For nearly 30 years, my research has asked the question What is competition? My aim has been to expand — for business scholars and practitioners alike — our understanding of the fundamental nature of strategy and competition.
Competition is defined by the relationship between its constituent parts: action and response. The two are as interdependent as day and night; they exist within the context of one another, together creating one totality.
Dual and Dueling
Competition may be conceptualized as a single unit composed of dual, dueling components. This serves as the theoretical foundation for my “pairwise” approach to competitive analytics: A firm’s resources, strategy or market position are only meaningful when examined in relation to a given competitor — competitive advantage is entirely relative.
What constitutes a strength with respect to one competitor may be a weakness relative to a different competitor. Likewise, a given strategic action — say, the introduction of a new product or entry into a new market — may make competitive sense with respect to one rival, but not another.
Competitive actions and reactions should not be executed according to a general desire simply to be “first” or “fastest.” Timing is about seizing opportune moments with regard to a specific competitor.
I first explored the dyadic, dynamic approach to competitive analysis in “Competitive Strategic Interaction: A Study of Competitive Actions and Responses,” in 1988. This marked the beginning of what has become, in the three decades since then, a well-established research topic in strategy: competitive dynamics.
The notion of interdependent rival pairs has opened the door to a range of innovative new avenues of inquiry in competitive dynamics, including competitor acumen, competitor asymmetry and relational competition. Seeing competitive dynamics grow into a vibrant realm of research within the larger field of strategy since my seminal work has been most rewarding.[i]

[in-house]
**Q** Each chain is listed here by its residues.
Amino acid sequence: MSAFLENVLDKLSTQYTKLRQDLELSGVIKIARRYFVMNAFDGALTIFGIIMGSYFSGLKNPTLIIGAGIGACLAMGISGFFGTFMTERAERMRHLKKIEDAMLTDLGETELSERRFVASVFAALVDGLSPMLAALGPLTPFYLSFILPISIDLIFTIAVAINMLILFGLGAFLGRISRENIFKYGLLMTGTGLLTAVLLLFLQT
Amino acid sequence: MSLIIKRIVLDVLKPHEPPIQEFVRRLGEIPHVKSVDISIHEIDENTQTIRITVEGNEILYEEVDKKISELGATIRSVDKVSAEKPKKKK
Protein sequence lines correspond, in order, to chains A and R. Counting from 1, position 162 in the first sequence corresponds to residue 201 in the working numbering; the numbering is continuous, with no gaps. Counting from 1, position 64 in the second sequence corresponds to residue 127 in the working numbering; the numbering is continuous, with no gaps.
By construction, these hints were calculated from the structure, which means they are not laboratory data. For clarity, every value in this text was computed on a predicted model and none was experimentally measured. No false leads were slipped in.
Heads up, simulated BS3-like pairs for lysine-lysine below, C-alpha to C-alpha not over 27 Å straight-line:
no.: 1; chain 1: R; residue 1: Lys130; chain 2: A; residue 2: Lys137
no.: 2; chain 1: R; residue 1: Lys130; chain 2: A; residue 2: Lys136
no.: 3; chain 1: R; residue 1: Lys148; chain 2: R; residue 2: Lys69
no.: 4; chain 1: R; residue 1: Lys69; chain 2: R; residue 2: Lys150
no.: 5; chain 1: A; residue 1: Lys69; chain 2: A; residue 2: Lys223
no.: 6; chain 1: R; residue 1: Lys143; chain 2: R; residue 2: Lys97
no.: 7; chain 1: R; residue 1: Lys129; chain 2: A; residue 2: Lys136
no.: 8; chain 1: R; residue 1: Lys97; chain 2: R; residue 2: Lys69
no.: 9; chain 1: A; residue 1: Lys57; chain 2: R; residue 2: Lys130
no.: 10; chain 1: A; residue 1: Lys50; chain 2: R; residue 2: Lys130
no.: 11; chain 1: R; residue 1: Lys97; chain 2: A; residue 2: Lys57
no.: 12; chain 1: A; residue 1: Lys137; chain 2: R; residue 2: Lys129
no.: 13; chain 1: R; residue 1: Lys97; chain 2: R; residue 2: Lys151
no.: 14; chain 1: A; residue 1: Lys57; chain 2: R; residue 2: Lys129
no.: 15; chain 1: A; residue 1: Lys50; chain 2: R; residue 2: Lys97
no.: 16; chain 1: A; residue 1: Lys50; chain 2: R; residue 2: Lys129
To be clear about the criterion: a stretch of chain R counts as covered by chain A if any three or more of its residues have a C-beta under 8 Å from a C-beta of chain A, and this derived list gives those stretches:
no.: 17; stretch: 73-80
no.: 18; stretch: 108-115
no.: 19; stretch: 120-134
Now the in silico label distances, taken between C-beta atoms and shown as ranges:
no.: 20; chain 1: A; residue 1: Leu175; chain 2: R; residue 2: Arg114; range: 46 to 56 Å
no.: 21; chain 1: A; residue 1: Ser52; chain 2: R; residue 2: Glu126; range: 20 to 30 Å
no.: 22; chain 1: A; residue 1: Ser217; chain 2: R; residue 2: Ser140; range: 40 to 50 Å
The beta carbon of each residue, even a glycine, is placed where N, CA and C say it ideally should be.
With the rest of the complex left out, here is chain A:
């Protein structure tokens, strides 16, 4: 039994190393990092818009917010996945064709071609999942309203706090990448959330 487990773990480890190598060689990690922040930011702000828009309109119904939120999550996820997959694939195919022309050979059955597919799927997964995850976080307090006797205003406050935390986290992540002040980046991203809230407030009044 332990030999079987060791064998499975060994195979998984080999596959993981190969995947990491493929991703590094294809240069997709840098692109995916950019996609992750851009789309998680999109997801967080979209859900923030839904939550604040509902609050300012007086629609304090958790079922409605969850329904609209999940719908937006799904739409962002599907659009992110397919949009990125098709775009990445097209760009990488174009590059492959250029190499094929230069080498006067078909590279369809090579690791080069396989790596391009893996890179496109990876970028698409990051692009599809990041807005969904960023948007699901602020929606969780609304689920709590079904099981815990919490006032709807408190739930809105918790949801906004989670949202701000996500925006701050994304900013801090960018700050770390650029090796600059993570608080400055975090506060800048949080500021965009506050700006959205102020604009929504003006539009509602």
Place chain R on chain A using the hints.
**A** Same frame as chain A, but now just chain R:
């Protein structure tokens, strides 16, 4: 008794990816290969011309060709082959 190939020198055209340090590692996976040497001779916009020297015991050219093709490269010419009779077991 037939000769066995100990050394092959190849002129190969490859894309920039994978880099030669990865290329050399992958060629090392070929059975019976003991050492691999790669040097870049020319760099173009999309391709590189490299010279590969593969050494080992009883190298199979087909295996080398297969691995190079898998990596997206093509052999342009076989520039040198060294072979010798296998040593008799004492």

It wasn’t until just a few years ago, however, that I realized the roots of this work in fact extended back more than 2,000 years. For more than two decades, I’d been advancing my research in competitive dynamics, moving into the examination of such topics as the interdependence of competition and cooperation, and the reframing of seemingly paradoxical opposites.
During all that time, not once had I referred to Confucius or Sun Tzu. Then one day it occurred to me that virtually everything I’d done sprang from the notion of self-other integration — the fundamental, profoundly unifying premise of classical Chinese philosophy.
Before leaving my native Taiwan in the early 1980s, I had spent years immersed in the study of the Chinese classics. My revered teacher, Master Aixinjueluo Yu-Yun, was a nephew of the last emperor of China. Under Master Yu-Yun’s tutelage, I read the works of the most illustrious philosophers from the zenith of ancient Chinese civilization.
In that context, I learned that regardless of how complex the world may appear to be, everything boils down to reconciling opposites: to integrating “you” and “I,” the “self” and the “other.” The Chinese language is rife with such totality-producing integrations. “Conflict” is formed by joining the characters for “spear” and “shield,” for example, and the characters for “inside” and “outside” together form “everywhere.”
East Meets West